10:58 a.m. PST: Safari: Unified search field, suggestions. New scrolling architecture -- smoother and faster, Apple says. iCloud tabs button to get tabs from other devices (that have been saved in the cloud, of course). There is a Tab View -- basically creates a scrolling mechanism for full screen tabs, which are semi minimized and you can scroll through them with swipes. Hard to explain, but it's actually really interesting and useful for those who spend lots of time in the browser.
11:00 a.m. PST: Notification center is really pretty handy -- I like how you can swipe it off and off screen, or jump from it to the actual message. It includes things like social media references. You can also go straight to Twitter from the notification center -- you don't even leave it. It's just right there, and you can dicate a tweet.
Power Nap: Keeps your Mac up to date as you sleep.
Power Nap: Keeps your Mac up to date as you sleep.
Calendar updates, photo stream, etc., all there. It will back up your Mac, update software automatically.
11:01 a.m. PST: Calendar updates, photo stream, etc., all there. It will back up your Mac, update software automatically.
11:02 a.m. PST: Also Aiprlay mirroring. That has been rumored. Supports 1080p pixel resolution.
11:03 a.m. PST: And Gamecenter. From iOS to the Mac. Same Gamecenter account -- games, friends, achievements, all there. Turn based and head-to-head game support, Mac-to-Mac and across Apple devices.
11:04 a.m. PST: Apple is now demonstrating Airplay. He is sending the Mac from the OS to AppleTV via AirPlay. It's mirrored. And it supports audio.
11:07 a.m. PST: Now it's about China. Chinese input method is improving, 8 new fonts, support for Baidu for search in Safari, Yoku video sharing, and China's top e-mail services. (And let's hope it improves trade relations. Is that too much to ask? OK, maybe so.)
11:08 a.m. PST: Mountain Lion ships in July. For $19.99. Wowser. I guess they will be setting new records, or that's the hope. This is the price to upgrade from Lion AND Snow Leopard. New Macs get it for free -- so if you buy a new Mac today, or before Mountain Lion comes out, you'll get it for free.
11:09 a.m. PST: Scott Forstall onto iOS now.
365 million iOS devices now sold (bought?). 80% + running latest version. Compared to Adroid, "the dairy product" -- 7% of Android cutsomers running latest version.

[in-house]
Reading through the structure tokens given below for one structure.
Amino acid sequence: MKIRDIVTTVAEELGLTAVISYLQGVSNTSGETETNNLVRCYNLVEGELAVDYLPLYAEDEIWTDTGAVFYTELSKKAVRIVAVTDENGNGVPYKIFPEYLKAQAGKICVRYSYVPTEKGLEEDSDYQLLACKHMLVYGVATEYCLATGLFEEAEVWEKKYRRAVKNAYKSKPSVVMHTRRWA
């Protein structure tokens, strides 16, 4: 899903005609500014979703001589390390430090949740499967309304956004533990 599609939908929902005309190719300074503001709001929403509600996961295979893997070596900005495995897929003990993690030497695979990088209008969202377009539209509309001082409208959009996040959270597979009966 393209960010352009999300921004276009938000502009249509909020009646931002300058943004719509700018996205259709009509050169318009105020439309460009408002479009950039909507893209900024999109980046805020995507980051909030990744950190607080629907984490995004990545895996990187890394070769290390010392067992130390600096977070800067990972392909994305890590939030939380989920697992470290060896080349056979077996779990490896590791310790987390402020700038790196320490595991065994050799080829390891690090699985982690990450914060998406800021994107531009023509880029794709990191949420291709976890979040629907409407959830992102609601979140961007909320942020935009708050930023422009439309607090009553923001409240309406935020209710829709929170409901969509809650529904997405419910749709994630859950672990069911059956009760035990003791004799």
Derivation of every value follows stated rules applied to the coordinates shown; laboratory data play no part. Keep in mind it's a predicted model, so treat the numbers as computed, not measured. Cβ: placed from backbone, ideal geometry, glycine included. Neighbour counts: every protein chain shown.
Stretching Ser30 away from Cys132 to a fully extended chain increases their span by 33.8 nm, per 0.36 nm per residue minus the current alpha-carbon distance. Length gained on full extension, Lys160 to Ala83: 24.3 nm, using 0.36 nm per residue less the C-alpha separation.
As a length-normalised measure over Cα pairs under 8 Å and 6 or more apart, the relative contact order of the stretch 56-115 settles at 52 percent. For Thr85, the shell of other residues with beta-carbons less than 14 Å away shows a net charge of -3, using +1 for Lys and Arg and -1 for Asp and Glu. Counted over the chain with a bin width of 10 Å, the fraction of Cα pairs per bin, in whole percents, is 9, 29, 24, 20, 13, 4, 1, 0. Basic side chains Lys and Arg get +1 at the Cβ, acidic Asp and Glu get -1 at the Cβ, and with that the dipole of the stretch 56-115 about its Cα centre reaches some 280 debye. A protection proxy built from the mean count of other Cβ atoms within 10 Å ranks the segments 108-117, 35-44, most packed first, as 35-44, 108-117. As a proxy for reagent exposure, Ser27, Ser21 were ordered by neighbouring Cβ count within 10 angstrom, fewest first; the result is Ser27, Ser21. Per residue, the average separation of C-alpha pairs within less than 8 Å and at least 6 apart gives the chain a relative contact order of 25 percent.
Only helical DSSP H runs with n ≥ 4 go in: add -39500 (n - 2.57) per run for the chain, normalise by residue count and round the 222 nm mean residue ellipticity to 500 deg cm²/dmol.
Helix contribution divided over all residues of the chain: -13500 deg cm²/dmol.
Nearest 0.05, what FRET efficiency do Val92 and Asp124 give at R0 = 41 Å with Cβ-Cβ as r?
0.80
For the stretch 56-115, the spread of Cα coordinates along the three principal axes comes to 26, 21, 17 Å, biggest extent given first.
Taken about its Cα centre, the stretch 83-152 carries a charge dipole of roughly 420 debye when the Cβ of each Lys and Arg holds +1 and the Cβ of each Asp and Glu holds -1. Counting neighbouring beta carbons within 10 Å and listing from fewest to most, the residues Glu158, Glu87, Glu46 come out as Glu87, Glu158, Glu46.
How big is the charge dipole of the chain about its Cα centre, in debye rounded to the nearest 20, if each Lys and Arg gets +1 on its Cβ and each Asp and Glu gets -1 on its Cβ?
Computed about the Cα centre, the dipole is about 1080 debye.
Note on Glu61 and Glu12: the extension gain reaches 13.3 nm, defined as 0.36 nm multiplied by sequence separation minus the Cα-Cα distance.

11:10 a.m. PST: 1.5 trillion push notifications sent to date.
11:11 a.m. PST: 140 million iMessage users, 150 bill messages sent. 1 bill per day now.
Twitter: 10 billion tweets from iOS5. 47% of photos from iOS5 (via Twitter photo service).
Gamecenter: 130 million accou ts, 5 billion scores submitted per week.
11:12 a.m. PST: iOS 6. The worst kept secret. Fritz E Nelson: More than 200 new features. Hopefully we won't go through them all.
11:13 a.m. PST: Let's start with Siri updates.
Sports. Yayyyyy. It has learned about sports. Games, players. Essentially Siri has spent the past 8 months learning things.
Let's start with Siri updates....sports.
11:14 a.m. PST: Shows the Dodgers in 1st place, makes me happy.
Shows the Dodgers in 1st place, makes me happy.
11:15 a.m. PST: He asks Siri who is taller, Lebron James or Kobe Bryant. She knows. Too bad she doesn't know Kobe is a better player. But maybe that's going to be in iOS 7.
11:16 a.m. PST: Siri has learned more about restaurants. She can sort them by rating, price, type of restaurant. They have partnered with Yelp for reviews. With OpenTable for reservations.
11:17 a.m. PST: Siri also knows more about movies. Rotten Tomatos is now integrated with Siri, and you can watch a movie trailer right in Siri
11:18 a.m. PST: Siri also knows about actors and directors.
Finally -- and this is cool -- Siri can launch apps.
You can tell Siri to play a game, for example, and he/she does.
11:19 a.m. PST: Looks like you can Tweet from Siri. Make dinner reservations.
11:20 a.m. PST: Eyes Free. Hands free makes sense. Apple working with car manufacturers to use a steering wheel button to launch Siri. Some have committed -- in next 12 months. GM, BMW, Mercedes, Landrover and more.
11:20 a.m. PST: Also Siri adding Spanish (for Spain, Mexico), Italian, Korean (a few yelps for that), Mandarin for Tawain, Cantonese and Mandarin for China. Lots of applause -- guess that hit everyone.
Local search will now go around the world as well.
Siri will be on the new iPad. There were questions about that. Now answered.
11:22 a.m. PST: Whew. That is just Siri. iOS 6 will have Facebook integration
You can post to Facebook from many of Apple's apps.
11:23 a.m. PST: Facebook integrated with Siri. And the integration has an API so developers can integrate their apps with Facebook in iOS6.
And Facebook is now in the notification center.
11:24 a.m. PST:
The Facebook information will also be in your contact info. Facebook events will be in your iOS calendar, including birthdays. In other words: they did deep Facebook integration here. We've waited a long time for this, and they look to have done it right.